They hit on the idea of setting up an ideal commonwealth on the Navigator Islands, i.e. Samoa (pp. 19–20) and before that to spend the summer and winter in an island off the West coast of Scotland, sailing and preparing for the greater project. We never get to either of these places, as the lack of money has first to be faced; Blackburn proposes that they appropriate a hoard of gold in a hair trunk (a horsehair-covered trunk) which he just happens to know about. Their right to appropriate it is argued by Blackburn as similar to that of colonizers, seeing that they have declared independence and are bound not by civic but by international law (ch. IV). They decide to break into the house with black ‘masques’. A scene with Blackburn in his rooms reveals more enigmatic details about him (ch. V).
The adventure to take possession of the treasure occupies the remaining 4 chapters of the unfinished Book II (ch. V consists of no more than the title). The six walk across a forested ridge in the west of Scotland and stop at at cottage inhabited by Blackburn’s old nurse (no further explanation supplied), and go to reconnoiter the grounds of nearby Tufto Castle (ch. II). Inside (ch. III), we find the formidable Mrs Lemesurier, her son Hugo , and Major Cunningham (‘family friend’ and constant inmate of the castle). Hugo wants to know the identity of the stranger who his mother entertained to lunch; she takes umbrage and orders him to leave the house. At the inn, Hugo meets Blackburn, recognises him as the stranger, stealthily follows him on his night-time sortie, is captured by the others in the grounds of the Castle and is forced to agree to stay where he is for several hours while the others make off with the treasure (ch. IV).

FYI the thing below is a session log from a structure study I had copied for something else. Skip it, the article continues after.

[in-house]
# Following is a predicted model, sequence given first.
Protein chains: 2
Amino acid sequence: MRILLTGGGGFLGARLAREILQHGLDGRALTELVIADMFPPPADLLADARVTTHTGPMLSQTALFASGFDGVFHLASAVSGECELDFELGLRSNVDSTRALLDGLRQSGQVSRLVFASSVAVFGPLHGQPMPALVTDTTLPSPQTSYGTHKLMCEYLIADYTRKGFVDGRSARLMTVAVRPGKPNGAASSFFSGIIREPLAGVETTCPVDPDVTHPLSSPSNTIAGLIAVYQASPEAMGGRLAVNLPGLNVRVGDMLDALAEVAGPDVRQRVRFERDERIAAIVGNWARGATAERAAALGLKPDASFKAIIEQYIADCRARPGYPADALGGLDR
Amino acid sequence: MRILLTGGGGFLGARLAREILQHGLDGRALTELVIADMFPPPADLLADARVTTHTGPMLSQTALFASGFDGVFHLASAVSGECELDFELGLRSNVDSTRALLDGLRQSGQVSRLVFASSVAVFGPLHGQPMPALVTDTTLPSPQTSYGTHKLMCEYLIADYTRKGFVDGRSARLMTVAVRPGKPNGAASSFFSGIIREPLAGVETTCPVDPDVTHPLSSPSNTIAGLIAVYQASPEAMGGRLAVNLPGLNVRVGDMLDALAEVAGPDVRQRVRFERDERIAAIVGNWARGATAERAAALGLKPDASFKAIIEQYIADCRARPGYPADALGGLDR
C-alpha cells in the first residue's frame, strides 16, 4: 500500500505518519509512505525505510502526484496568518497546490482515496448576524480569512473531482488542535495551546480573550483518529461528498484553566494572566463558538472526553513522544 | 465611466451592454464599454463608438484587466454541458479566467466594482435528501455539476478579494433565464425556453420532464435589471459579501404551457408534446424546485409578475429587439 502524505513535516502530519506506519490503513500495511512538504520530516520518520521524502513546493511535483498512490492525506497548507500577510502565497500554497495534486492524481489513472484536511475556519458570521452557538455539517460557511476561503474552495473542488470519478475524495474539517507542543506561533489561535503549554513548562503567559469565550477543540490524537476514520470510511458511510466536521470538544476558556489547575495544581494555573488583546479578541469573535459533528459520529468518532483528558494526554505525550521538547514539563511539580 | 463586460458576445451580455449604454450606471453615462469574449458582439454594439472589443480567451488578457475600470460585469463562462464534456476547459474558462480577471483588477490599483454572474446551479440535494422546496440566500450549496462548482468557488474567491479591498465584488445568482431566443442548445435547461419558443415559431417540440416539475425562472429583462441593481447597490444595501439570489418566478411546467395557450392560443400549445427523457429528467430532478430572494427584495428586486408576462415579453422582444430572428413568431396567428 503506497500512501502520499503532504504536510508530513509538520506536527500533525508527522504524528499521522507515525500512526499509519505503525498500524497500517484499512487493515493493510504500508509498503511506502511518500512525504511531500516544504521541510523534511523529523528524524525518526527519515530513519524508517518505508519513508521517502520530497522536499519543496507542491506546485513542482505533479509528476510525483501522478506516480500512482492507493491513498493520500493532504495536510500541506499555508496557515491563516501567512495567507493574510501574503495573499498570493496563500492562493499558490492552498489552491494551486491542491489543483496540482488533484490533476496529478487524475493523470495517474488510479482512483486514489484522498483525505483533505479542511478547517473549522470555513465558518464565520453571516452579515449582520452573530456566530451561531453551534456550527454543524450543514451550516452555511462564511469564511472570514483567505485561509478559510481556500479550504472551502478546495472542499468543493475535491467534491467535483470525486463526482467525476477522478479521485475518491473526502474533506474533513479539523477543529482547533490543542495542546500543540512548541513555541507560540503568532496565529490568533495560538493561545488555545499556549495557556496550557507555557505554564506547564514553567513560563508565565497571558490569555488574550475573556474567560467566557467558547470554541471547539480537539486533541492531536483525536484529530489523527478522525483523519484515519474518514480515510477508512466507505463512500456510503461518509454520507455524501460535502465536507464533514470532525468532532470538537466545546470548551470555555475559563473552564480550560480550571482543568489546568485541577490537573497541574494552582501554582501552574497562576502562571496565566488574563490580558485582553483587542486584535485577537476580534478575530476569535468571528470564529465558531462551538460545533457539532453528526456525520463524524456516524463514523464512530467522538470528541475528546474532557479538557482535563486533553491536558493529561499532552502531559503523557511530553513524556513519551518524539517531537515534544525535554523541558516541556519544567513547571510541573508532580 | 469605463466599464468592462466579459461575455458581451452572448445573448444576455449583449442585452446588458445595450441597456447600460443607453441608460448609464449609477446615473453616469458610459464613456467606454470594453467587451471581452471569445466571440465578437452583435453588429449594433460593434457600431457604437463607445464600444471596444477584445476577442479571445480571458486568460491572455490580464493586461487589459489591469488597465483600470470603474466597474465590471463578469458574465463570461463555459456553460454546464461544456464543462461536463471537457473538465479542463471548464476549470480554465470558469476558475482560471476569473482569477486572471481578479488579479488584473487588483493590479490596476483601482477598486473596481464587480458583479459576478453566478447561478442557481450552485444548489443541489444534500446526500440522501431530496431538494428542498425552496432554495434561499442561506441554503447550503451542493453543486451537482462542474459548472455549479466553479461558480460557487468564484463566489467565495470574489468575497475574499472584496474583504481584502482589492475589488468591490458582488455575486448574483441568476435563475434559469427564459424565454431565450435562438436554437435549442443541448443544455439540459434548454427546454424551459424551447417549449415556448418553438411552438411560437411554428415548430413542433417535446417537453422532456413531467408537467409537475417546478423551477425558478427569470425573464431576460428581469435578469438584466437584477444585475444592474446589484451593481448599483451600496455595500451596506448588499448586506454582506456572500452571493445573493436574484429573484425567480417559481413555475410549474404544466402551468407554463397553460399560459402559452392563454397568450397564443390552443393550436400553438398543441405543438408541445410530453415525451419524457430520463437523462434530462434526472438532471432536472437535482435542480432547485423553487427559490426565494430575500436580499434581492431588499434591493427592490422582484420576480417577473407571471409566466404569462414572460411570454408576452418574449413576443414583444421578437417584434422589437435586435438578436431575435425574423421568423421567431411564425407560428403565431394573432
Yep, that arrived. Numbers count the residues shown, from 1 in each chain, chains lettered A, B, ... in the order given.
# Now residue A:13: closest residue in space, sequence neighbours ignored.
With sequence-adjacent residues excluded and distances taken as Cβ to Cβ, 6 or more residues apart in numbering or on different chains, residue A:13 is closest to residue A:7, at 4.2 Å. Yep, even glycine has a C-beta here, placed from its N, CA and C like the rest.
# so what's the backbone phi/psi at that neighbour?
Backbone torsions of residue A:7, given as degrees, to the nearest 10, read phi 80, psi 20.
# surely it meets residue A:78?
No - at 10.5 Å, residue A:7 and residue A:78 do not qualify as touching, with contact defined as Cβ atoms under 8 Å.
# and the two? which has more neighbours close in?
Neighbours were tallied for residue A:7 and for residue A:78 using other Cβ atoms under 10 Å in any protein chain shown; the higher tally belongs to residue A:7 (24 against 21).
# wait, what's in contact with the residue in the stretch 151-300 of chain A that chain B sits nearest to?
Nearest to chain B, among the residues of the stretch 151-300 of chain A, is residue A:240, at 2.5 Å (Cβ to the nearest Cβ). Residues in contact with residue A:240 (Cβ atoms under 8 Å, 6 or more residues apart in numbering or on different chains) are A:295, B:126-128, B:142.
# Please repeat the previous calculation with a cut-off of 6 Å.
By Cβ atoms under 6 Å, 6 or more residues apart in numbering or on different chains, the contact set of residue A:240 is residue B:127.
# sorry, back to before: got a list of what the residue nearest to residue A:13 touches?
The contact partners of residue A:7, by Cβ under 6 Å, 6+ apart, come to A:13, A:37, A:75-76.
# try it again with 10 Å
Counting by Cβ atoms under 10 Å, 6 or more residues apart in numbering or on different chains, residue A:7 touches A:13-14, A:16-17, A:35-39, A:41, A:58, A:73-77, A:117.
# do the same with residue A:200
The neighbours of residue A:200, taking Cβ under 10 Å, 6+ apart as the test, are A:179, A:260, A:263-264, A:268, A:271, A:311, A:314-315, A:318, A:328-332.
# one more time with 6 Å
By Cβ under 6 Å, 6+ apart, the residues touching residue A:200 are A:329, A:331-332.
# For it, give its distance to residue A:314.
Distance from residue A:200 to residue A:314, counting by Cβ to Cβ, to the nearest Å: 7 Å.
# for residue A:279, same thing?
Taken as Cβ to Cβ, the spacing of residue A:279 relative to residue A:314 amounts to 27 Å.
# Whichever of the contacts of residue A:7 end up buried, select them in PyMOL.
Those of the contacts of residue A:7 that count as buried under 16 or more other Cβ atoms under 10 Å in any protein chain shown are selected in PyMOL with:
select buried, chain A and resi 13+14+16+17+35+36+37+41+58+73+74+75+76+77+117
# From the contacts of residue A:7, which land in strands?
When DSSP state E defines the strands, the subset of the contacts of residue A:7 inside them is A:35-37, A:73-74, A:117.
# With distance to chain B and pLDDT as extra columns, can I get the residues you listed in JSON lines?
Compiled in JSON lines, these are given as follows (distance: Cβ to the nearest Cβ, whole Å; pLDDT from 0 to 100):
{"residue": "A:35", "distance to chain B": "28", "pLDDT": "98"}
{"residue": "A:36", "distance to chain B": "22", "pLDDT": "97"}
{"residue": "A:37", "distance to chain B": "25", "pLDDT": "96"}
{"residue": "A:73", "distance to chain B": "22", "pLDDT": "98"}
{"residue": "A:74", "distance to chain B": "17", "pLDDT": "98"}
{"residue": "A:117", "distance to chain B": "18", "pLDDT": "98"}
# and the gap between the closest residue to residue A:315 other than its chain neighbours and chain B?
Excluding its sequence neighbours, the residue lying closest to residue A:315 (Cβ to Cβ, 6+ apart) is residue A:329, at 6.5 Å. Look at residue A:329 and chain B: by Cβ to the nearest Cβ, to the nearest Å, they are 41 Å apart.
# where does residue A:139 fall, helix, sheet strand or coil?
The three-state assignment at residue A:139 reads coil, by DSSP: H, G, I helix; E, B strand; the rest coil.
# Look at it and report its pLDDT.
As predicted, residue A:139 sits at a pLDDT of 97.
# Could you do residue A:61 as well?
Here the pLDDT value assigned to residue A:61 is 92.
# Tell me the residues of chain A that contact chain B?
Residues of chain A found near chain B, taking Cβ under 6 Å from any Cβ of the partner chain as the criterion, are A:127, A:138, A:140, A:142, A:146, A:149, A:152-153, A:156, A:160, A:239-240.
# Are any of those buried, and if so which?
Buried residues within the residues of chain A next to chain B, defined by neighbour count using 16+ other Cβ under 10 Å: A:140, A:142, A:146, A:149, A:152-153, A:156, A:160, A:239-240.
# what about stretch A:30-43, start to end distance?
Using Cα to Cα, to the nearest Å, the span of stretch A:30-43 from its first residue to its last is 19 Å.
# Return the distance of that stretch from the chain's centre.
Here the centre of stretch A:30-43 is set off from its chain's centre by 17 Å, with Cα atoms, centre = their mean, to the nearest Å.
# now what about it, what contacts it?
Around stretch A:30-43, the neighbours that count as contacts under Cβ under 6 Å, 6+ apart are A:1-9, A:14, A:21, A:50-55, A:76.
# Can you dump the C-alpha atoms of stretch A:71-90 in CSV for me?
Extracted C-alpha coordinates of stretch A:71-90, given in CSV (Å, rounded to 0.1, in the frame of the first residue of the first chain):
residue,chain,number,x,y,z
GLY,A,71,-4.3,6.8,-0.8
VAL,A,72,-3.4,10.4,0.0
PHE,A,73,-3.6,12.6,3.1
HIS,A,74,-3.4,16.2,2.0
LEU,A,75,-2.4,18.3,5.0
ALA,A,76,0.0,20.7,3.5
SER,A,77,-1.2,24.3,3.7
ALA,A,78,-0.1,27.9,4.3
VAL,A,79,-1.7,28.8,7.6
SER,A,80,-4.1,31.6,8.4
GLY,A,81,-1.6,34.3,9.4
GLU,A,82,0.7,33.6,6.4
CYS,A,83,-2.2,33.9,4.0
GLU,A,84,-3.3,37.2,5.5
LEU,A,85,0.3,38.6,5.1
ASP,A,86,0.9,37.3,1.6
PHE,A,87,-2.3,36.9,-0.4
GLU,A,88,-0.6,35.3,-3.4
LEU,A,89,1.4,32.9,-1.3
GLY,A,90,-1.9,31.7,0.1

What was to happen next? The clues (which are scattered around without stressing their importance, so that everything seems to happen by a series of absurd chance events and coincidences) point to the solution that Michel Le Bris provides in his conclusion (La Malle en cuir, 2011): Blackburn is the illegitimate child of Mrs Lemesurier, half-brother of Hugo. Whether the group were intended to reach Samoa we do not know, but we may suppose that the Ideal Commonwealth did not prove a great success. In his May 1877 letter announcing the start of the story, Stevenson says ‘the trunk is the fun of it – everybody steals it’, which suggests that the conclusion was to be reached via a plot like that of The Wrong Box.
Passages that struck me as I read